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Sweden’s nuclear energy regulator wants nuclear reactor operators to produce plans for guarding against hot weather

Sweden calls for nuclear reactors to be shielded from hot weather, Business Times,  AUG 21, 2018 

A number of Swedish reactors had to shut down or reduce output as the summer heatwave sent temperatures to record highs in July, with the sea water that is used to cool them becoming much warmer than normal, exceeding safety levels. The last time that SSM, the Swedish radiation safety authority, asked operators to produce plans to modify their reactors was after Japan’s Fukushima disaster in 2011. The cost of those changes, which are due by 2020, was in the hundreds of millions of euros.

“We really have to take into consideration what happened this summer … We have asked them orally to come with suggestions. Of course there will be a cost. I do not know how much at this stage,” said SSM chief Mats Persson said.

The cost of post-Fukushima modifications to Swedish nuclear plants reached as much as 100 million euros (S$155 million) per reactor, Persson said……..https://www.businesstimes.com.sg/energy-commodities/sweden-calls-for-nuclear-reactors-to-be-shielded-from-hot-weather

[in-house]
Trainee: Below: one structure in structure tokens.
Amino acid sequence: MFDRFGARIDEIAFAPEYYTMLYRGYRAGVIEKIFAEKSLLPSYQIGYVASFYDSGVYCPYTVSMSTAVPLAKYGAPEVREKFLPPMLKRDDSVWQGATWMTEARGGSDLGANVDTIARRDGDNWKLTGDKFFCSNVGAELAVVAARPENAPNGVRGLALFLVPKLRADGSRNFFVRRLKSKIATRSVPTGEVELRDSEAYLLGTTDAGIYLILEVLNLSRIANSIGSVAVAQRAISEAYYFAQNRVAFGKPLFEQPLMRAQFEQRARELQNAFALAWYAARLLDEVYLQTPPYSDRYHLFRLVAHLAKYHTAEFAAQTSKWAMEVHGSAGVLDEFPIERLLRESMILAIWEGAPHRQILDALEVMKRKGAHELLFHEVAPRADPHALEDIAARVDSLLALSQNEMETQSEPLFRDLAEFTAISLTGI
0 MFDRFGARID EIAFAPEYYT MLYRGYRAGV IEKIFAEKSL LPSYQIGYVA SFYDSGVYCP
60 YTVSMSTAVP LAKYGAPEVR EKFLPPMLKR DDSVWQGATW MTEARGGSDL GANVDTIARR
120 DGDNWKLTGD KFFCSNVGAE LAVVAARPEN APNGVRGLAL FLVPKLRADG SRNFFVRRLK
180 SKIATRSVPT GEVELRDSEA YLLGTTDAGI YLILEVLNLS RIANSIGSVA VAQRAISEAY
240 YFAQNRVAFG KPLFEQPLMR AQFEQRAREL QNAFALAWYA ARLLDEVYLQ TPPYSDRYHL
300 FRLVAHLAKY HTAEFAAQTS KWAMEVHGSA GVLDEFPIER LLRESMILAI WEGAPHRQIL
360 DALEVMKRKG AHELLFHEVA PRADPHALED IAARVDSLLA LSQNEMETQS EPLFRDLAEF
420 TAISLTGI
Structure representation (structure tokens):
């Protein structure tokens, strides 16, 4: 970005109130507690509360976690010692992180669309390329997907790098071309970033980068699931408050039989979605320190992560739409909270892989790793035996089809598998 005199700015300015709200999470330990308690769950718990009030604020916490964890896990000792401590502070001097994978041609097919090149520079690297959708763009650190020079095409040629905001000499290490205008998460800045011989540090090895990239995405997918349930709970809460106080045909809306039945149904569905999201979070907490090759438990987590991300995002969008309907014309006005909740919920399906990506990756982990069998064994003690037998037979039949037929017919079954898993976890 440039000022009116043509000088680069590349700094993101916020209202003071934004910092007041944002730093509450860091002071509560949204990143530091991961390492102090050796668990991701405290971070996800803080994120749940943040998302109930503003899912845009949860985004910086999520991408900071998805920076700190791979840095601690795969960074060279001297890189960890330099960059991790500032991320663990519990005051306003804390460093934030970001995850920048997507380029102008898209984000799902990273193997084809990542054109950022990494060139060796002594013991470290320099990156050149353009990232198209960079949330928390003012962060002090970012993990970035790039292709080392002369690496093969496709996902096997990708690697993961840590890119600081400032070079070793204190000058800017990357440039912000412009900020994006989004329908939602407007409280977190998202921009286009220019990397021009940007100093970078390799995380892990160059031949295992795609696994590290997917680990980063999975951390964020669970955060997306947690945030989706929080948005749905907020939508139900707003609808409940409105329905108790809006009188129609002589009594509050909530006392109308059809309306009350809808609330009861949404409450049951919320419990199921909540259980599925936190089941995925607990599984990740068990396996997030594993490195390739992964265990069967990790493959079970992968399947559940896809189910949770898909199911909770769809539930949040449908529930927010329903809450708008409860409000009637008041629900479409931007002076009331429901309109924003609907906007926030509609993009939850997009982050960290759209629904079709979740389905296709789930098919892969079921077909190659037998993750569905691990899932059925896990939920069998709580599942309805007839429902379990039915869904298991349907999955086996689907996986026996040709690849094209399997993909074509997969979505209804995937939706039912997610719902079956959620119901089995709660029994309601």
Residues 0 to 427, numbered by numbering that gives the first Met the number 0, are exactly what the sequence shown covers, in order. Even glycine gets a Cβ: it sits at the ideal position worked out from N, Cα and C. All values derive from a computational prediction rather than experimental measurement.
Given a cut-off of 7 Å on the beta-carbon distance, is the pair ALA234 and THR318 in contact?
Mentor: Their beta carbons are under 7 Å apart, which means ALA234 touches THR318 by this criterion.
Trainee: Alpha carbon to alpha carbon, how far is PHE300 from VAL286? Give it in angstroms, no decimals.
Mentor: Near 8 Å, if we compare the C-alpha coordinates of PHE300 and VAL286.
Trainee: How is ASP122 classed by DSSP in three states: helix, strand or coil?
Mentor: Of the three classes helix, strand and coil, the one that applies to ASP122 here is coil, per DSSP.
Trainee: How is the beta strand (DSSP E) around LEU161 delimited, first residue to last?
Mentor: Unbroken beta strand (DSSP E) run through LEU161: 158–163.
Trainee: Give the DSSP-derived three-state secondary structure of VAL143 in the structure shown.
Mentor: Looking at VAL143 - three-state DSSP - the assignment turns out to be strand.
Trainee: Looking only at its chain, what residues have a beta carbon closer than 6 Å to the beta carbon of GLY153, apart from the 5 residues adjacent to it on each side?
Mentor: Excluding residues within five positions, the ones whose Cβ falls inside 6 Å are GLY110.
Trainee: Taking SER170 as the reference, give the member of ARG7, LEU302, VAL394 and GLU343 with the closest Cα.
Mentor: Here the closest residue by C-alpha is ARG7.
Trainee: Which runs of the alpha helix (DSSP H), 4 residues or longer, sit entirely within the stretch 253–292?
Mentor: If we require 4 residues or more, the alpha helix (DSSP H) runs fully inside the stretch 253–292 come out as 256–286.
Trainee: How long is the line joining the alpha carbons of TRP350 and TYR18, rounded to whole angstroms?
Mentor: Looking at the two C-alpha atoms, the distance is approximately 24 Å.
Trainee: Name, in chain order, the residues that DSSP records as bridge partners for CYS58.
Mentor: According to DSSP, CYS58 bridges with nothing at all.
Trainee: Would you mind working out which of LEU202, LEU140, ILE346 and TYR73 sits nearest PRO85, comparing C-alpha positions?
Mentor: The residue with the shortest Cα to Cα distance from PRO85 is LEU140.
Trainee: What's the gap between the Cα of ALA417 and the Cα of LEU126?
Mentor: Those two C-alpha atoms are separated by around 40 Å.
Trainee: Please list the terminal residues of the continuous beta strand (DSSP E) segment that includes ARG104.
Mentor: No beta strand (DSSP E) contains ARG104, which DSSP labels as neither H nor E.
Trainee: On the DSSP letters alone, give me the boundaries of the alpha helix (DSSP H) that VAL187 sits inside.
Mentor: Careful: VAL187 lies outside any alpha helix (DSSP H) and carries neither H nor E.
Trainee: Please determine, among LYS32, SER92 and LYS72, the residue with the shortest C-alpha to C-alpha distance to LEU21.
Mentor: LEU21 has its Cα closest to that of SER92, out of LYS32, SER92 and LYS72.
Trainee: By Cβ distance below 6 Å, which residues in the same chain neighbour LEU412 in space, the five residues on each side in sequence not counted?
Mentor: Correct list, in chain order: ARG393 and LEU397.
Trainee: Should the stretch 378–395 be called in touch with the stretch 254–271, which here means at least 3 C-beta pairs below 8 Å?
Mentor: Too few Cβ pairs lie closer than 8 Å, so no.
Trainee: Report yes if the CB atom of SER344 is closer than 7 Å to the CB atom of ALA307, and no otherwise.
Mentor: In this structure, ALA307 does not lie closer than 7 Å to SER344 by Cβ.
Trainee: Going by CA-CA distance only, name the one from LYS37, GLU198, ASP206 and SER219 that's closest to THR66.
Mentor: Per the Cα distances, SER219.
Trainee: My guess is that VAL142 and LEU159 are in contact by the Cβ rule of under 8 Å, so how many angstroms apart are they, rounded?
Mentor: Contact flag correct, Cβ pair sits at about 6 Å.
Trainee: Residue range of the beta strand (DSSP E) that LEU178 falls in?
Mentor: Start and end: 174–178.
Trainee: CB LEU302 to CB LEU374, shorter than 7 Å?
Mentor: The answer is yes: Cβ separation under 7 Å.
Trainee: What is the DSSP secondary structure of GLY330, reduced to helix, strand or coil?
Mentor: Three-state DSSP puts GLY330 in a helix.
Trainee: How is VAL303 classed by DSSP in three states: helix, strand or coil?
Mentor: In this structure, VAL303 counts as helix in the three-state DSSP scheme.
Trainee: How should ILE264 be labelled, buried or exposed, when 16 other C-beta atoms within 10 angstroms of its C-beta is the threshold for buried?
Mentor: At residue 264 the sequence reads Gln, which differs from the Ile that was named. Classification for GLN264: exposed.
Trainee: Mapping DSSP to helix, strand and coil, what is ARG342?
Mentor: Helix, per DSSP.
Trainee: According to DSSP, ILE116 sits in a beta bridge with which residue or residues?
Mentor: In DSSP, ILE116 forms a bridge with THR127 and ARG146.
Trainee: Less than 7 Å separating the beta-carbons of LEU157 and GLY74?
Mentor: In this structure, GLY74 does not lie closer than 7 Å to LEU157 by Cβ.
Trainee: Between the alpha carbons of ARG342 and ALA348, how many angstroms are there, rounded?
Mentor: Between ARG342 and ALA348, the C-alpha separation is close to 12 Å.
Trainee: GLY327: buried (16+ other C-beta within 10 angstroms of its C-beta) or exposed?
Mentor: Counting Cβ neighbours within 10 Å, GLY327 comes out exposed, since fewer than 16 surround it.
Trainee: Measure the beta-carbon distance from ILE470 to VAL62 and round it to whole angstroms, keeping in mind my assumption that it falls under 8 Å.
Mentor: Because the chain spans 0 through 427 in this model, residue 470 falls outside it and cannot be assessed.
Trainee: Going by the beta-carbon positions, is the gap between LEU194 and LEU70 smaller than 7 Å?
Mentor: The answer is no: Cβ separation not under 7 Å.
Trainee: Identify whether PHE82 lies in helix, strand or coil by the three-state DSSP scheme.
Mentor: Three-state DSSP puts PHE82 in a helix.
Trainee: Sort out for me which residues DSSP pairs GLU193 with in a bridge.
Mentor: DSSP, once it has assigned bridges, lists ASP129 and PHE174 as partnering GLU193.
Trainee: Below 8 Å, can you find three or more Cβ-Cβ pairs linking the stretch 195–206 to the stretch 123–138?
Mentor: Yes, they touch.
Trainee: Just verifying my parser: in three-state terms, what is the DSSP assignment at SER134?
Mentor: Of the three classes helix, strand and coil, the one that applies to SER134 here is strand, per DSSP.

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August 22, 2018 Posted by | climate change, Sweden | Leave a comment

Sweden’s Nuclear Code of Conduct under threat from populist political party

Populists May Rip Up Sweden’s Nuclear Code of Conduct, Bloomberg, By

  • Five party bi-partisan agreement from 2016 under threat
  • Energy system will be tested this winter after atomic closures

Sweden’s biggest ever cross-party energy deal was designed to provide stability for utilities for almost three decades, but the 2016 accord is now at risk of being ripped up after next month’s general election.

The Sweden Democrats, which some polls show could emerge as the biggest party, would revoke nuclear-plant closures central to the agreement if they came to power. The Christian Democrats, one of the accord’s co-signers, on Tuesday echoed that view and pressed for key parts of the deal to be renegotiated.

The agreement ended more than 30 years of bickering over nuclear power, extended support for renewable energy and stated that there should be zero emissions impacting the climate by 2045. It effectively boosted the lives of the nation’s six newest reactors until at least 2040, but didn’t address how the capacity of four older Vattenfall AB and EON SE units will be replaced. …….https://www.bloomberg.com/news/articles/2018-08-16/nuclear-revival-talk-could-upend-historic-swedish-energy-accord

August 17, 2018 Posted by | politics, Sweden | Leave a comment

Swedish nuclear reactor cuts output, due to sea water being too warm